Larson, Kyle Busch, and Martin Truex Jr. made their initial pit stops on Laps 36 and 37, planning to run the complete race distance with only two pit stops. After others cycled through pit stops over the course of the remaining laps of the second stage, Blaney claimed his stage win at Lap 50.

More drivers pitted during the caution after the second stage concluded, cycling Larson back up to the lead and Busch was second. Truex was mired farther back after he and Brad Keselowski spun on Lap 49 and were charged with stop-and-go penalties for missing a chicane.

Aside from two cautions, one each at the end of each of the first two stages, the yellow flag waved only once in the first 50 laps for a single-car incident on Lap 14. The attrition rate got higher in the second half of the race, with the yellow flag waving five more times through the remainder of the event.

Larson gave up the race lead to pit during a Lap 69 caution. Busch and Truex Jr. also were among those who pitted. Keselowski stayed out and inherited the lead, while Larson raced back up to P2. Larson, though, didn’t close on Brad Keselowski, instead going into fuel conservation mode and trailing Keselowski by about 12 seconds with 15 laps remaining.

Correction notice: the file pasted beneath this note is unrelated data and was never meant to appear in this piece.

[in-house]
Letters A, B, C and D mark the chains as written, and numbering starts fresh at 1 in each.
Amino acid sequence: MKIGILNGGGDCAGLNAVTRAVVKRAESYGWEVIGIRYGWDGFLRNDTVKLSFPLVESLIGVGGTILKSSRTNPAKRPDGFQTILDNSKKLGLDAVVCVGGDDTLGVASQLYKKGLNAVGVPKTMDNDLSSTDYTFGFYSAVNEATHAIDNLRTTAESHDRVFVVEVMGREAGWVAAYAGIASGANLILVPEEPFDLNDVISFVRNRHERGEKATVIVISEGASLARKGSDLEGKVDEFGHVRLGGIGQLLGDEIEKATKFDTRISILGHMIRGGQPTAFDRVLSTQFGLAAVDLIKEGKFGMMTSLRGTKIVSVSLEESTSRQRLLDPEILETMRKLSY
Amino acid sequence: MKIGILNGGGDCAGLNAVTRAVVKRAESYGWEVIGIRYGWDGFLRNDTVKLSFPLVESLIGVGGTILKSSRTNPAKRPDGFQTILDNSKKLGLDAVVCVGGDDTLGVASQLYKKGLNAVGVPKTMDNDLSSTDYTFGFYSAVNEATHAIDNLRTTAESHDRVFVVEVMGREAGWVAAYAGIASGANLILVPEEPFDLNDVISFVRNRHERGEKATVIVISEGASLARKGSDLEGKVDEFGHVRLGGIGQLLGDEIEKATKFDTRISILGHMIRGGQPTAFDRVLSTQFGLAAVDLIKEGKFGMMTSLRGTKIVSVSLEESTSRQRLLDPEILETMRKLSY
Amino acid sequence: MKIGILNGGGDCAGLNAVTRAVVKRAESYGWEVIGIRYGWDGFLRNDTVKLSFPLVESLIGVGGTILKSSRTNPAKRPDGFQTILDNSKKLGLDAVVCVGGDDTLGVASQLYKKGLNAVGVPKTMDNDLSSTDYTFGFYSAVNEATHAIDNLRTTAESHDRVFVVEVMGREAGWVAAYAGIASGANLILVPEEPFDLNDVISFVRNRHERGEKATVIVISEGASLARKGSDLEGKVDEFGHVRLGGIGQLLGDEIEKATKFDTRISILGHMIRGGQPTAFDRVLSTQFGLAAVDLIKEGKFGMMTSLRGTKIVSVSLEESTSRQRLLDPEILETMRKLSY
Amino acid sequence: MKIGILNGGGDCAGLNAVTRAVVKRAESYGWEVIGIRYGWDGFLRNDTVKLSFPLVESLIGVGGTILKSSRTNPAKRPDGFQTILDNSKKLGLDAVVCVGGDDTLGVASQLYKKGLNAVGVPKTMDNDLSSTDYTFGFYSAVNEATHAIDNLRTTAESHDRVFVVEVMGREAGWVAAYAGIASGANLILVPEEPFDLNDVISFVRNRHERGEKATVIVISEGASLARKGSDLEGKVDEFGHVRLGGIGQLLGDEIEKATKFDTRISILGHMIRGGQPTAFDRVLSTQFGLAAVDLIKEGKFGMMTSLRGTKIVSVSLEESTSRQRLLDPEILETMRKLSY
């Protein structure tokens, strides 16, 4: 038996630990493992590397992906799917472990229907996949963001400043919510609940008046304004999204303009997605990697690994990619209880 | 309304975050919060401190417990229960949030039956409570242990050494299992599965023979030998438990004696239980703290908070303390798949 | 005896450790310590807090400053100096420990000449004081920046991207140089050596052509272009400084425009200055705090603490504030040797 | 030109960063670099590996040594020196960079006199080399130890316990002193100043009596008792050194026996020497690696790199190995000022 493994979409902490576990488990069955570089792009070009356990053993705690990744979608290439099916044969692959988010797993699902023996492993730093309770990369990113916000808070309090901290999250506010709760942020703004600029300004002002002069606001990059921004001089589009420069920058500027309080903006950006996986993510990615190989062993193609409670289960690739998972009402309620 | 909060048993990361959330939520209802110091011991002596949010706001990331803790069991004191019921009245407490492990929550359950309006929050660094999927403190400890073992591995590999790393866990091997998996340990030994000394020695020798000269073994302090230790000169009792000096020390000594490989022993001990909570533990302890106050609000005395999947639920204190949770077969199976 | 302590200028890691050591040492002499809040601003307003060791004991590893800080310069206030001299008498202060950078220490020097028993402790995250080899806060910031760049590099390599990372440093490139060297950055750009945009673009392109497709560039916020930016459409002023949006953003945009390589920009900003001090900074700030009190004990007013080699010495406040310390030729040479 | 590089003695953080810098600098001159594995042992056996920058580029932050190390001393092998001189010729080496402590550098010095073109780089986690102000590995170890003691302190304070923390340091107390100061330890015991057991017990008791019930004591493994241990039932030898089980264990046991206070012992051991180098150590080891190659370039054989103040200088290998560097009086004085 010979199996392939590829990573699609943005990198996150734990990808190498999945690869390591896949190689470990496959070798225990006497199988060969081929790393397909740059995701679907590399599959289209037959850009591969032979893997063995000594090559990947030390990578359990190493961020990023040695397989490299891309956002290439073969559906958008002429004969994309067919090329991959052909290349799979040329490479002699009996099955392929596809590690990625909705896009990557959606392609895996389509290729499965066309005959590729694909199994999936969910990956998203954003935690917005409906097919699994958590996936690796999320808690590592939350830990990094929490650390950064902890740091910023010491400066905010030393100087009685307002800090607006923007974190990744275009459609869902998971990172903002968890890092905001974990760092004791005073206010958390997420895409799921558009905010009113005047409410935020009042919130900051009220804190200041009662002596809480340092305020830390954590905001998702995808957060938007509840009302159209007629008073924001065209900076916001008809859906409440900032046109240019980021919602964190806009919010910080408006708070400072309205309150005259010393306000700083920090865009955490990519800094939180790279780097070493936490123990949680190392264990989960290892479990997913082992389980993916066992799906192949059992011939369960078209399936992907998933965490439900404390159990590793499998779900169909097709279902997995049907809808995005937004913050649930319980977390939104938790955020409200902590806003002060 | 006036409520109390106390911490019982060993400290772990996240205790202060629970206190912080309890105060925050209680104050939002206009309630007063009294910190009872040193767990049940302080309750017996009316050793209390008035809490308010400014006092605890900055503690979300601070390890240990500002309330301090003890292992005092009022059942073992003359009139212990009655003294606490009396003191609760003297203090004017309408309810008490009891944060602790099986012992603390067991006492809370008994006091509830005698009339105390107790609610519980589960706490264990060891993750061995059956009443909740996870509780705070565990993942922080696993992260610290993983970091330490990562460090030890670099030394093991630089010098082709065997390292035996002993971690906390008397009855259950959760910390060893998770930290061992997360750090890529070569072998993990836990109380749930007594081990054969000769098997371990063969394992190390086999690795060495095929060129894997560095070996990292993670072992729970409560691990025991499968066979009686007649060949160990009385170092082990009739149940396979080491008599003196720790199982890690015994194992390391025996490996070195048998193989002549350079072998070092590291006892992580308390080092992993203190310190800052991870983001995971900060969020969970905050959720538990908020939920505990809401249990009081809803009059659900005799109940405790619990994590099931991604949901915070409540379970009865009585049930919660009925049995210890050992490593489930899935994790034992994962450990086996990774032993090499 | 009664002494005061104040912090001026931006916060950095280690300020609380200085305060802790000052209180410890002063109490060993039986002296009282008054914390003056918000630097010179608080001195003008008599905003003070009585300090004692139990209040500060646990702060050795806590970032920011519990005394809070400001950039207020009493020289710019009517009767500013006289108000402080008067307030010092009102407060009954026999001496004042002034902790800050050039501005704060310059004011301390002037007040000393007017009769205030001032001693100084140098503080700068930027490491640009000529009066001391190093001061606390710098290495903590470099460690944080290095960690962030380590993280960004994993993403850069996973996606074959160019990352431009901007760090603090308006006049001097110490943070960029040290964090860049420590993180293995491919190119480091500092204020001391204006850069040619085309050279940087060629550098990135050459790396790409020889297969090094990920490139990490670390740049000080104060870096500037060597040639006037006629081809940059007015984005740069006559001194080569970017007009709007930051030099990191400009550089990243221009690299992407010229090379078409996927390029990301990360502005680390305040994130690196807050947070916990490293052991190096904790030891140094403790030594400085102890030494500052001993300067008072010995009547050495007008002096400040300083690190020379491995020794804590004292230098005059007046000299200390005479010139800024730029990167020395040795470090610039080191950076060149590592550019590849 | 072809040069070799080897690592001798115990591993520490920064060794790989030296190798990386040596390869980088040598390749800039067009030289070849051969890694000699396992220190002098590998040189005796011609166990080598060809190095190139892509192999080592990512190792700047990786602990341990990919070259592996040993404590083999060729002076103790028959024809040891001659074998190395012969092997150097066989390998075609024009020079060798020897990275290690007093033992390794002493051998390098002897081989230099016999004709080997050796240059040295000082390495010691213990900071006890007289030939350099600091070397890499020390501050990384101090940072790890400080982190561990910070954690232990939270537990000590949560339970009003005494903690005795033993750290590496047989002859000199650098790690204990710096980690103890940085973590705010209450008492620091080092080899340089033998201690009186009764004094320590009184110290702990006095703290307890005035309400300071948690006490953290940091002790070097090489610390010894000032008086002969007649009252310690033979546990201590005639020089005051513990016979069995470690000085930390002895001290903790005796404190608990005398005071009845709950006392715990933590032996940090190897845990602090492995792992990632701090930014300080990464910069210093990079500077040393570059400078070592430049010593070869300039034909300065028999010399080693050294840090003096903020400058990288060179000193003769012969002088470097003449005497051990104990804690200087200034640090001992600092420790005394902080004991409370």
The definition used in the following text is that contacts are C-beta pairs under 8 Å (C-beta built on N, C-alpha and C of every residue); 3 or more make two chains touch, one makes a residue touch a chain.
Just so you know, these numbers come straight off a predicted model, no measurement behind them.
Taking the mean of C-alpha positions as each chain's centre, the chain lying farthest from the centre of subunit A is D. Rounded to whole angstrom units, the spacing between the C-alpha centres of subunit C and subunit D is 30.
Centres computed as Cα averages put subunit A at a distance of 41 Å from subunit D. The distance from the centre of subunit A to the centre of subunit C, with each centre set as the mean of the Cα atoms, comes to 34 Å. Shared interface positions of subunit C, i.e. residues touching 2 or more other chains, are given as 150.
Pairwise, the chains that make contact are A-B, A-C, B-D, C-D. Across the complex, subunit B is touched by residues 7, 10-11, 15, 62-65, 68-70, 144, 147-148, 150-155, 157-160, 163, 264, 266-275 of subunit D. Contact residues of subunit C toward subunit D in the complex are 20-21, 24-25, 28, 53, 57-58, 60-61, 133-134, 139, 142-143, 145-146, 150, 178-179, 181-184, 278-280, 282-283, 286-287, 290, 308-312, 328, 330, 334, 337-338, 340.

Keselowski, who started the race from the rear in a backup car, was the leader for a restart on Lap 103 of the 109-lap race, but he missed Turn 1 and hit a tire barrier. Several other frontrunners, including Kyle Larson and Kyle Busch, were collected.

“I guess it just comes down to us all being on old tires and not really knowing what to expect or how much grip these tires would actually have,” Busch lamented. “Just not having anything better to do than drive it off into a 90-degree corner and into a wall. That’s about all that happened; we all over-drove the corner, and that’s all there is to it.”

Larson was able to limp to a 25th-place finish. Keselowski and Busch were credited with 31st and 32nd, respectively.